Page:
Sharon Meir


Freudian Delusion The intimidating twin in the novel Our Weddings (1999) by Dorit Rabinyan


The article examines the Freudian concept of 'the uncanny' (Das Unheimliche) as a theme and plot motif of the novel Our Weddings (1999) by Dorit Rabinyan, a contemporary woman writer identified with new feminine voices in the Modern Hebrew Literature.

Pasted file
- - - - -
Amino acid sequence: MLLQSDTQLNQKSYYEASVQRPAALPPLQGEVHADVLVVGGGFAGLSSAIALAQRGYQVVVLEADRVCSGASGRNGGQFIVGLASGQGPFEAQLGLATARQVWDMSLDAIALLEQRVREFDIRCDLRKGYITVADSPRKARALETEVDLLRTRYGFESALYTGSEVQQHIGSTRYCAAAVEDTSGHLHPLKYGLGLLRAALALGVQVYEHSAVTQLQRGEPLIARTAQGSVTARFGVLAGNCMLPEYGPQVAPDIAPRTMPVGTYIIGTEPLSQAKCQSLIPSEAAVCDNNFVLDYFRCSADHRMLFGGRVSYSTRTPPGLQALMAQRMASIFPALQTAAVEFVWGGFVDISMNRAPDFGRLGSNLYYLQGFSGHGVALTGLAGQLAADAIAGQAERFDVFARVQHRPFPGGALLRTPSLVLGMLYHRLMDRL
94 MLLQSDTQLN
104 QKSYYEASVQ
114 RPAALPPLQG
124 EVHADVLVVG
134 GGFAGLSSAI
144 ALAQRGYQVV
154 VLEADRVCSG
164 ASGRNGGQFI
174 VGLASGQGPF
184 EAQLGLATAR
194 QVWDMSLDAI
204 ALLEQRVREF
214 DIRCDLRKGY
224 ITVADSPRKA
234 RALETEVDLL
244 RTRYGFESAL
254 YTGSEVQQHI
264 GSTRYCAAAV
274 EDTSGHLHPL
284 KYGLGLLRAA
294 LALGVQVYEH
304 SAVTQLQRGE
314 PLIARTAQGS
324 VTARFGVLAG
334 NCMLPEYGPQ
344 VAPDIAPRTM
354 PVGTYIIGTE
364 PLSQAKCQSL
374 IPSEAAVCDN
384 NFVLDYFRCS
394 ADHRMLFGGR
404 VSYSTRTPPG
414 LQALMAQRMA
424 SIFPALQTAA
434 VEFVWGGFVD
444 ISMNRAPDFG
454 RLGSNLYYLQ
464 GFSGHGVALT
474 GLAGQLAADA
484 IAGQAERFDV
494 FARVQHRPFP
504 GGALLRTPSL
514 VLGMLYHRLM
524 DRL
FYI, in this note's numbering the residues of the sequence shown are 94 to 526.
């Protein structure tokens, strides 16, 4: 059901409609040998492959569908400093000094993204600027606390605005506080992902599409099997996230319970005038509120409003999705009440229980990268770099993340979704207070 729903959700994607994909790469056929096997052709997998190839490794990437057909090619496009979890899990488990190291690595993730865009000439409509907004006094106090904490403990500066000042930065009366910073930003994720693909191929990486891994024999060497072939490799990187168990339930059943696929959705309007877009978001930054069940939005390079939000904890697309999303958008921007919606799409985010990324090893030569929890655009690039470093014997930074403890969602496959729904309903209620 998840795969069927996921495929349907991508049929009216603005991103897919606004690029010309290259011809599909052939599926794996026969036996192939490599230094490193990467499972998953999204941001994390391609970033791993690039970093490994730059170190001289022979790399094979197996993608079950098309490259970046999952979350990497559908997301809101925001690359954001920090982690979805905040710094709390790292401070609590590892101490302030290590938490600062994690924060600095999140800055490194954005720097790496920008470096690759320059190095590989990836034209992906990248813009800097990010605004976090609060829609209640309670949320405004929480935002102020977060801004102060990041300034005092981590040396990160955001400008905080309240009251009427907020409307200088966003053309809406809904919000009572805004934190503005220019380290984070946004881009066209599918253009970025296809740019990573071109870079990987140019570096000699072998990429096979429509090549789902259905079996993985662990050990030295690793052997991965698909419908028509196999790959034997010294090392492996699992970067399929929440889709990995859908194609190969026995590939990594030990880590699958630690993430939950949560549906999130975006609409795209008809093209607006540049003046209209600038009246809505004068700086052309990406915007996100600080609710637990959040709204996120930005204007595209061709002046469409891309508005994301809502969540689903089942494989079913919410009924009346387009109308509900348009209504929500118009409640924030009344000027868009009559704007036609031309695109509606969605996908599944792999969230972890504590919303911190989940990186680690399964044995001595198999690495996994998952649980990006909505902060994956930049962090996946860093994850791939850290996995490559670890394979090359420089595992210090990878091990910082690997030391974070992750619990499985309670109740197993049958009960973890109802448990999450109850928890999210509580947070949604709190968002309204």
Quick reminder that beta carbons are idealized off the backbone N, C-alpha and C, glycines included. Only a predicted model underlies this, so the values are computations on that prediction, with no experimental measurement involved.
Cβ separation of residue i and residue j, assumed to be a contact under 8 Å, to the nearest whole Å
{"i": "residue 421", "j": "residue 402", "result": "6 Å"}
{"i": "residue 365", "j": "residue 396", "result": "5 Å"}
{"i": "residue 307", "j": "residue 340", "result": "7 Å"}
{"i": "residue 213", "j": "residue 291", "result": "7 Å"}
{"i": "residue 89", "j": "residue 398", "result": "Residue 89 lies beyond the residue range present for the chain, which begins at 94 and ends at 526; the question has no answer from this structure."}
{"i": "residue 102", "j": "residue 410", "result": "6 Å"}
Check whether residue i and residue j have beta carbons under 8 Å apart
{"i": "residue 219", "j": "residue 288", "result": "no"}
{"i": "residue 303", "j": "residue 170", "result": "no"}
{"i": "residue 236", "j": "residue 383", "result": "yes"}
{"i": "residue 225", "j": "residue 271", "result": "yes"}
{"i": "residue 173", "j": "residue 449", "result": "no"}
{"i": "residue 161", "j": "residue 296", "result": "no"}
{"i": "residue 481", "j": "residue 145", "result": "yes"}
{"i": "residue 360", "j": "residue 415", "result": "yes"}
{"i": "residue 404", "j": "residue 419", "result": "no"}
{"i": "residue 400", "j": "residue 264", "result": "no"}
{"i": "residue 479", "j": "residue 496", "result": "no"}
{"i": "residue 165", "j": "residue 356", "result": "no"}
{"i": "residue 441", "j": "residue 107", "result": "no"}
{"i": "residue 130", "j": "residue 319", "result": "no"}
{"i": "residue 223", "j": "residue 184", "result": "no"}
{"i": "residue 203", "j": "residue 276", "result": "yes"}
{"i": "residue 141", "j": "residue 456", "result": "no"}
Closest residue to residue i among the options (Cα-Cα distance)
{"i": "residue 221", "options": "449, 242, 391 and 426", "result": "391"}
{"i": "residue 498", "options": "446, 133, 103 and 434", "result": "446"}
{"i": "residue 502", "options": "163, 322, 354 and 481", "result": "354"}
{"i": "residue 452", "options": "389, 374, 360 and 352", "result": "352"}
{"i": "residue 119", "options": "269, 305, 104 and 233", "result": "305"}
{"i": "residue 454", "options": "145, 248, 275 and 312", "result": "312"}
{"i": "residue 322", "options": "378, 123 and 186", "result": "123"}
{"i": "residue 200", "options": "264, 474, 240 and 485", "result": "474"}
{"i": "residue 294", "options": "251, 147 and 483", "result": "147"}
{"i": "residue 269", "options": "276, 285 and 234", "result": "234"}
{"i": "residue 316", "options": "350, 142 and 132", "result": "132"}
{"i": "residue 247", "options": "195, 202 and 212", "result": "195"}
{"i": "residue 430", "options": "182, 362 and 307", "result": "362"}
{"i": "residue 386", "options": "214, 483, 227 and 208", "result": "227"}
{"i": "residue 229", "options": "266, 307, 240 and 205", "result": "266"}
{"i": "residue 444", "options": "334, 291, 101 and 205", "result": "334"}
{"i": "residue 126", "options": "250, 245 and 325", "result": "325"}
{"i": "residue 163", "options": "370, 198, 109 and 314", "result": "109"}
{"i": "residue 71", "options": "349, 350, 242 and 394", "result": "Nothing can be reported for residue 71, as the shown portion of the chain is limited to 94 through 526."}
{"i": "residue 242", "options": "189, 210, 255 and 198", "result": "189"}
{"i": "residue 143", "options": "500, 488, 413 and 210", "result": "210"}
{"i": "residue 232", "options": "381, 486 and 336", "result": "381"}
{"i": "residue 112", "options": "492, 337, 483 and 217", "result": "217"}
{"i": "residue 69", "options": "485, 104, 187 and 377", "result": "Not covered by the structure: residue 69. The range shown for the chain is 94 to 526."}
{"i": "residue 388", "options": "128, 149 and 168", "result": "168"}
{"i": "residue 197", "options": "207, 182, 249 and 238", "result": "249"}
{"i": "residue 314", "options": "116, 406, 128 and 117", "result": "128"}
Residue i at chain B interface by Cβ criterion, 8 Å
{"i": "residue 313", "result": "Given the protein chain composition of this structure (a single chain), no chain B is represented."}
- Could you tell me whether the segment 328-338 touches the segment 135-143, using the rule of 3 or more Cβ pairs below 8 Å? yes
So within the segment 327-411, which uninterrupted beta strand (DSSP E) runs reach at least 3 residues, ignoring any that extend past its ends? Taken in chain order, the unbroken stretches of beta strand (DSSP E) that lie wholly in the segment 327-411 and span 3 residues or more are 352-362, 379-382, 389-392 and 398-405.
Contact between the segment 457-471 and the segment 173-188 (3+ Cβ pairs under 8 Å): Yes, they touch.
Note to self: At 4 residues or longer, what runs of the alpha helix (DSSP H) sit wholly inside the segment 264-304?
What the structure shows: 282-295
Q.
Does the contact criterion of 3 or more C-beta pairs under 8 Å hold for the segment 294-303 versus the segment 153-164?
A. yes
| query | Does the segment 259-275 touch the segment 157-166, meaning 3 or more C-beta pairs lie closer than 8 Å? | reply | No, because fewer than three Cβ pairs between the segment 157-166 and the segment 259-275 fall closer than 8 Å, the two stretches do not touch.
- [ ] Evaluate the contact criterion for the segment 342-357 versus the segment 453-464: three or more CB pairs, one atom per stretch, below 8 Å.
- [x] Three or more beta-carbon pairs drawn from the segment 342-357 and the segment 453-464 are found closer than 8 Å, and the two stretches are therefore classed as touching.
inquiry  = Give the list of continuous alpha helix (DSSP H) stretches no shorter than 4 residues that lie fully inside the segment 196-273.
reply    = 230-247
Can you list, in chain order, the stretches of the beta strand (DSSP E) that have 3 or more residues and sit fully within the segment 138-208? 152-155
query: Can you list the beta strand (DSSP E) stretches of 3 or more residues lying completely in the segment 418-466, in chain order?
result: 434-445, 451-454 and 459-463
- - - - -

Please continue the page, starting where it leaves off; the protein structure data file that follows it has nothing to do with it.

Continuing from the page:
In 1919 Freud published 'Das Unheimliche' (The Uncanny), an essay that has greatly influenced psychoanalytical research, literature, and other disciplines. The 'uncanny' refers to the sense of menace that can be aroused by human beings very much alike ourselves, as well as by objects, impressions, events, and seemingly pleasant and familiar situations. The inherent potential in all these things to make certain situations foreign and alien is the threat embedded within them. Freud's expansive definition of the concept includes the motif of the 'double' that is a twin or a person with a similar outward appearance to the subject who haunts him and confuses his mind. The article sets out to show how the existence of the disquieting double in the form of an intimidating twin in Rabinyan's novel realizes the potential of the threat and turns the protagonist's world into a never-ending nightmare in which she fights for her life until the surprising end.